5 Limiting Myths – #3: There’s No Money In Travel Consulting | Travel Research Online


5 Limiting Myths – #3: There’s No Money In Travel Consulting

Limiting myths are stories imposing limitations on your ability to grow your travel practice. The tiny grain of truth in them gets exaggerated to the point travel consultants too often accept them as absolute truths. As a result, the travel consultant self-imposes limitations on the overall potential and enjoyment they can derive from their profession. The first two we looked at this week are bad, but this one is worse. If you buy into this one, you deprive yourself of one of the chief rewards of labor. Let’s banish it now.

In every profession there are people who operate at the highest levels, who squeeze every drop of potential from their work, and who earn terrific incomes while doing so. Travel consulting is no exception. I personally know several travel consultants making 6+ figure incomes. Granted, they are the in the minority, but that is actually the point. It is possible. It can be done. It is highly likely you can do it as well.

If the first thought that comes to your mind begins with the word “But“…congratulations! Whatever follows that word is a limiting thought and you now know what must be banished. What is stopping you? If others are doing it, then why aren’t you?

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The agents who make really high incomes don’t do it overnight. They spend time learning their trade, working with clients, making mistakes. But most importantly, they take the science and art of sales, marketing and customer service very, very, seriously. They listen to experts and then they actually do the things those experts say to do.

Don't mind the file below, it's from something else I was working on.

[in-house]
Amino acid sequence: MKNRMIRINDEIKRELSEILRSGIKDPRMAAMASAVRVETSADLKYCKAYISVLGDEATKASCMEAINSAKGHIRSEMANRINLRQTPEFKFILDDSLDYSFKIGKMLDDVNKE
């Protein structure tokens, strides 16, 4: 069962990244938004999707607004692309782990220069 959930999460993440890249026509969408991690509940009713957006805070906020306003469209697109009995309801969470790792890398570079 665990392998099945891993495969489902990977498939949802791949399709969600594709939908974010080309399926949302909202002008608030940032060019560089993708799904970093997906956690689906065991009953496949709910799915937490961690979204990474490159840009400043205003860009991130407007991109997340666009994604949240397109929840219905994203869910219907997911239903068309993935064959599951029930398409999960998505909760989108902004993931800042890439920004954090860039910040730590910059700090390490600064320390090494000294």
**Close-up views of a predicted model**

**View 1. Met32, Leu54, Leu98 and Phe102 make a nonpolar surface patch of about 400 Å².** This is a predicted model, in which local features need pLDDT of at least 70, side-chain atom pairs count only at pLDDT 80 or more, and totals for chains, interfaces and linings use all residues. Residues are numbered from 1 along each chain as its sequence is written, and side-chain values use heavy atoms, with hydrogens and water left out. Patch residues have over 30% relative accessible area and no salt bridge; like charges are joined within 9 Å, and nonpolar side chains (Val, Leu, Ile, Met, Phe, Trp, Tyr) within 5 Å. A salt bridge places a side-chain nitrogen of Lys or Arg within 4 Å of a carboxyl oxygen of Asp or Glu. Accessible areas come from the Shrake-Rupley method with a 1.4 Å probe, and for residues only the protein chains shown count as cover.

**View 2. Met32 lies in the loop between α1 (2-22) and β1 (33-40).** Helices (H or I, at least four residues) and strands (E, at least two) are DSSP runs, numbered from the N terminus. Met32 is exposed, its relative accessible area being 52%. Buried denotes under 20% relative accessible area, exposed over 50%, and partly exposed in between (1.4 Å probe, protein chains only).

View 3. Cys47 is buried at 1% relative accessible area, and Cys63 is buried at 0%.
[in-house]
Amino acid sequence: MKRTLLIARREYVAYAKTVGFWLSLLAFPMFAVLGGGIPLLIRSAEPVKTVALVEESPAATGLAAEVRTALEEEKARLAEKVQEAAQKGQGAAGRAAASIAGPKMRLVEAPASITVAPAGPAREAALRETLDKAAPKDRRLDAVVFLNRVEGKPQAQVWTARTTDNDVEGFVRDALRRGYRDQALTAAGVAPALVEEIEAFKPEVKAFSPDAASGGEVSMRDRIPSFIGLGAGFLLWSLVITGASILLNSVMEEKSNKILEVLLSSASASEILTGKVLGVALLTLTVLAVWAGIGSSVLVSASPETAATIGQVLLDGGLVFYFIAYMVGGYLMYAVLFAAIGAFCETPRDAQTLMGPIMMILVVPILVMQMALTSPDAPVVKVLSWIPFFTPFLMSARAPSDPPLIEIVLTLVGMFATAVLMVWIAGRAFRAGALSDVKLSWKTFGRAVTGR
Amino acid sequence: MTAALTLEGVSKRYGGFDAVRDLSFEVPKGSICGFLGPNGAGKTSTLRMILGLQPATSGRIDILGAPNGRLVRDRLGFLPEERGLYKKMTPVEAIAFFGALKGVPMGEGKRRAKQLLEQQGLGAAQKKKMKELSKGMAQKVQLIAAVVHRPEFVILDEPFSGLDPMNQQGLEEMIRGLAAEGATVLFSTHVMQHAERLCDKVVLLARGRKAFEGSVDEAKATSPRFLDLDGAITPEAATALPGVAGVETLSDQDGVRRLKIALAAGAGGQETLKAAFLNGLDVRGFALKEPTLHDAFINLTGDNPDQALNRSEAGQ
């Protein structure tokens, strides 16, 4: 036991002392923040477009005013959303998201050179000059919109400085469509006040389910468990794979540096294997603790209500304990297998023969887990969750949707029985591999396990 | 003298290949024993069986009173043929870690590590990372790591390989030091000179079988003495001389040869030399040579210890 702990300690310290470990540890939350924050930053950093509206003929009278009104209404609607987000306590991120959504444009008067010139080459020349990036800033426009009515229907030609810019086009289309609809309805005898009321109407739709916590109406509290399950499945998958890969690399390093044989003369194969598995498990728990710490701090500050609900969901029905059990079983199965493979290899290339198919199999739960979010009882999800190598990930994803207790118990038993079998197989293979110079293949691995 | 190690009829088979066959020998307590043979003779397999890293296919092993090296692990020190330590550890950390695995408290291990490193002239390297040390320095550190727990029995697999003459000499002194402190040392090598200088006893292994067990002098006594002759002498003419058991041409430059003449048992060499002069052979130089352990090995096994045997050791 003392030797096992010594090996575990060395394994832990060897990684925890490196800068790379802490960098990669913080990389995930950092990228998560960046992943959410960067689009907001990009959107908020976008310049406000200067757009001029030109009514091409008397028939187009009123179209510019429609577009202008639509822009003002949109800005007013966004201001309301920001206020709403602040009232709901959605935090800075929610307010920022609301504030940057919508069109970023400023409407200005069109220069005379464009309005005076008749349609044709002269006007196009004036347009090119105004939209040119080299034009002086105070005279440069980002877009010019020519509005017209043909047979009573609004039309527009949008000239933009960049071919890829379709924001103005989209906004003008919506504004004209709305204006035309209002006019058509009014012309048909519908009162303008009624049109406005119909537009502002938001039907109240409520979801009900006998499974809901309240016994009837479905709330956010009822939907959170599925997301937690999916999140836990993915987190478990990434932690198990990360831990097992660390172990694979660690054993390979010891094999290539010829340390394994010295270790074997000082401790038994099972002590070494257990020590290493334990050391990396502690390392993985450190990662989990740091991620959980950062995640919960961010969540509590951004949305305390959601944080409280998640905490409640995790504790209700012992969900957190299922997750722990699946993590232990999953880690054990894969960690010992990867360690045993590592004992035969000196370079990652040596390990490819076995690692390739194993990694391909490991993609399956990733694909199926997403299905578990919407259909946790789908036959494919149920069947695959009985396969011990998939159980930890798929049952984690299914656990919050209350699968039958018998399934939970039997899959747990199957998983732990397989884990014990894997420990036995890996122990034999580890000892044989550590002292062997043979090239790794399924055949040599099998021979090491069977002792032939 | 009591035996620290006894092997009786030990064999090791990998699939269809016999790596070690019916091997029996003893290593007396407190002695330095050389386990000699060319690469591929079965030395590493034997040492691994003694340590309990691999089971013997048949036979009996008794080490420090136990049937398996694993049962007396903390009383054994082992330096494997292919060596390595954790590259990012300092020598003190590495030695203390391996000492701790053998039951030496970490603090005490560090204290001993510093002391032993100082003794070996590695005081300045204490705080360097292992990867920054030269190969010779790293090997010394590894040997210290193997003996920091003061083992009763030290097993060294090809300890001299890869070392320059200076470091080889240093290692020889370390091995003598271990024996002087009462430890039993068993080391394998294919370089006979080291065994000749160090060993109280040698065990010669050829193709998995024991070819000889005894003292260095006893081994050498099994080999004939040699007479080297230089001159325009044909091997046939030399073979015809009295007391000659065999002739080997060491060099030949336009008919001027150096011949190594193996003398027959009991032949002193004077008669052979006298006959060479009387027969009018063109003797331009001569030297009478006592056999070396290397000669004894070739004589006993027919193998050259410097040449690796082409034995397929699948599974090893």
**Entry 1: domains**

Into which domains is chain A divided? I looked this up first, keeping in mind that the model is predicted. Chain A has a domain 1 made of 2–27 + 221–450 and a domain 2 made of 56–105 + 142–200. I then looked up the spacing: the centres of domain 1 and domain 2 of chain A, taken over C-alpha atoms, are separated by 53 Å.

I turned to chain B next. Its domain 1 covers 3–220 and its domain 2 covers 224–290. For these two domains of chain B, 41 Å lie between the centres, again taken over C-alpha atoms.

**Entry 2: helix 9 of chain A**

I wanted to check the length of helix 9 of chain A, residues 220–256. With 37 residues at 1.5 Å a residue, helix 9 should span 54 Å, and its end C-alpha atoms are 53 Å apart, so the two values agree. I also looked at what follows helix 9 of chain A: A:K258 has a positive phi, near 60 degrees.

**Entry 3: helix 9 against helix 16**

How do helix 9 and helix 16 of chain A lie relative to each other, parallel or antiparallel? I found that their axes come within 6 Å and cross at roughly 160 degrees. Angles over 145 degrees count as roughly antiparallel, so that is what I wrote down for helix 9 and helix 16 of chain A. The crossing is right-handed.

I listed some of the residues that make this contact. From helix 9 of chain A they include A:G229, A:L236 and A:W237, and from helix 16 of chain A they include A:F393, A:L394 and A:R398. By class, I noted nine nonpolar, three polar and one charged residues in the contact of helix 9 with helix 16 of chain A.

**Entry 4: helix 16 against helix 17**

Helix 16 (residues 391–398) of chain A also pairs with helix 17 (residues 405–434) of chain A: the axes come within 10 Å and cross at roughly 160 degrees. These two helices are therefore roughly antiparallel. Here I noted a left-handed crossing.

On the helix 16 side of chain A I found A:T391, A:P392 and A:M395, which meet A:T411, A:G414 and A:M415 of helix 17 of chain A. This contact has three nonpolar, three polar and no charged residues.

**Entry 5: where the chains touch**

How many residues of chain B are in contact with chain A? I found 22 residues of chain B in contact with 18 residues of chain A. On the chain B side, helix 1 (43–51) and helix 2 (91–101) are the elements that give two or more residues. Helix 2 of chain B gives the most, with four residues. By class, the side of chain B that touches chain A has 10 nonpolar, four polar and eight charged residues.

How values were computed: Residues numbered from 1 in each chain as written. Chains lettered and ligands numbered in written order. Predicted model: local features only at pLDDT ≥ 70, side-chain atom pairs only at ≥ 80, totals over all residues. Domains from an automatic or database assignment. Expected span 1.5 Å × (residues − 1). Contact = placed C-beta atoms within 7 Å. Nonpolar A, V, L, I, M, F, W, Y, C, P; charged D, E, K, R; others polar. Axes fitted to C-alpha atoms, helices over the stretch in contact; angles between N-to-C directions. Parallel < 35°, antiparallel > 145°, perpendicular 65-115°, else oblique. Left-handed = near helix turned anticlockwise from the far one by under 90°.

Too often, there is a gap between theory and actual performance. There are methods, strategies and tactics that work. But if you omit a step, if you do it out of order, failure results. Make a study, a science, an art, out of your business practices. Fine tune them until you get it right. For example, introducing a fee into your travel practice is not as simple as just handing a rate-card to each client you meet. I know of an agent who essentially did just that. A posted rate card, without introduction, without finesse simply scared off clients. Listen to Nolan Burris‘s recommendations for HOW to introduce a fee into your practice: PROVE your worth first, THEN introduce the fee, but BEFORE you do any work. The method is important! Simply jumping to the final result you want without a plan is doomed to failure, and you start to believe the limitation myth.

There is a tremendous difference between working hard and working smart. If you are trapped in a low salary position in an agency, then ask to be placed on some type of performance (commission) basis if you have decided to go for it. If you are already on a commission basis, you are on the right track. I want each of you to have from your travel business exactly what you want from it. If some portion of your aspiration is a high income, it is very likely that you can have it.

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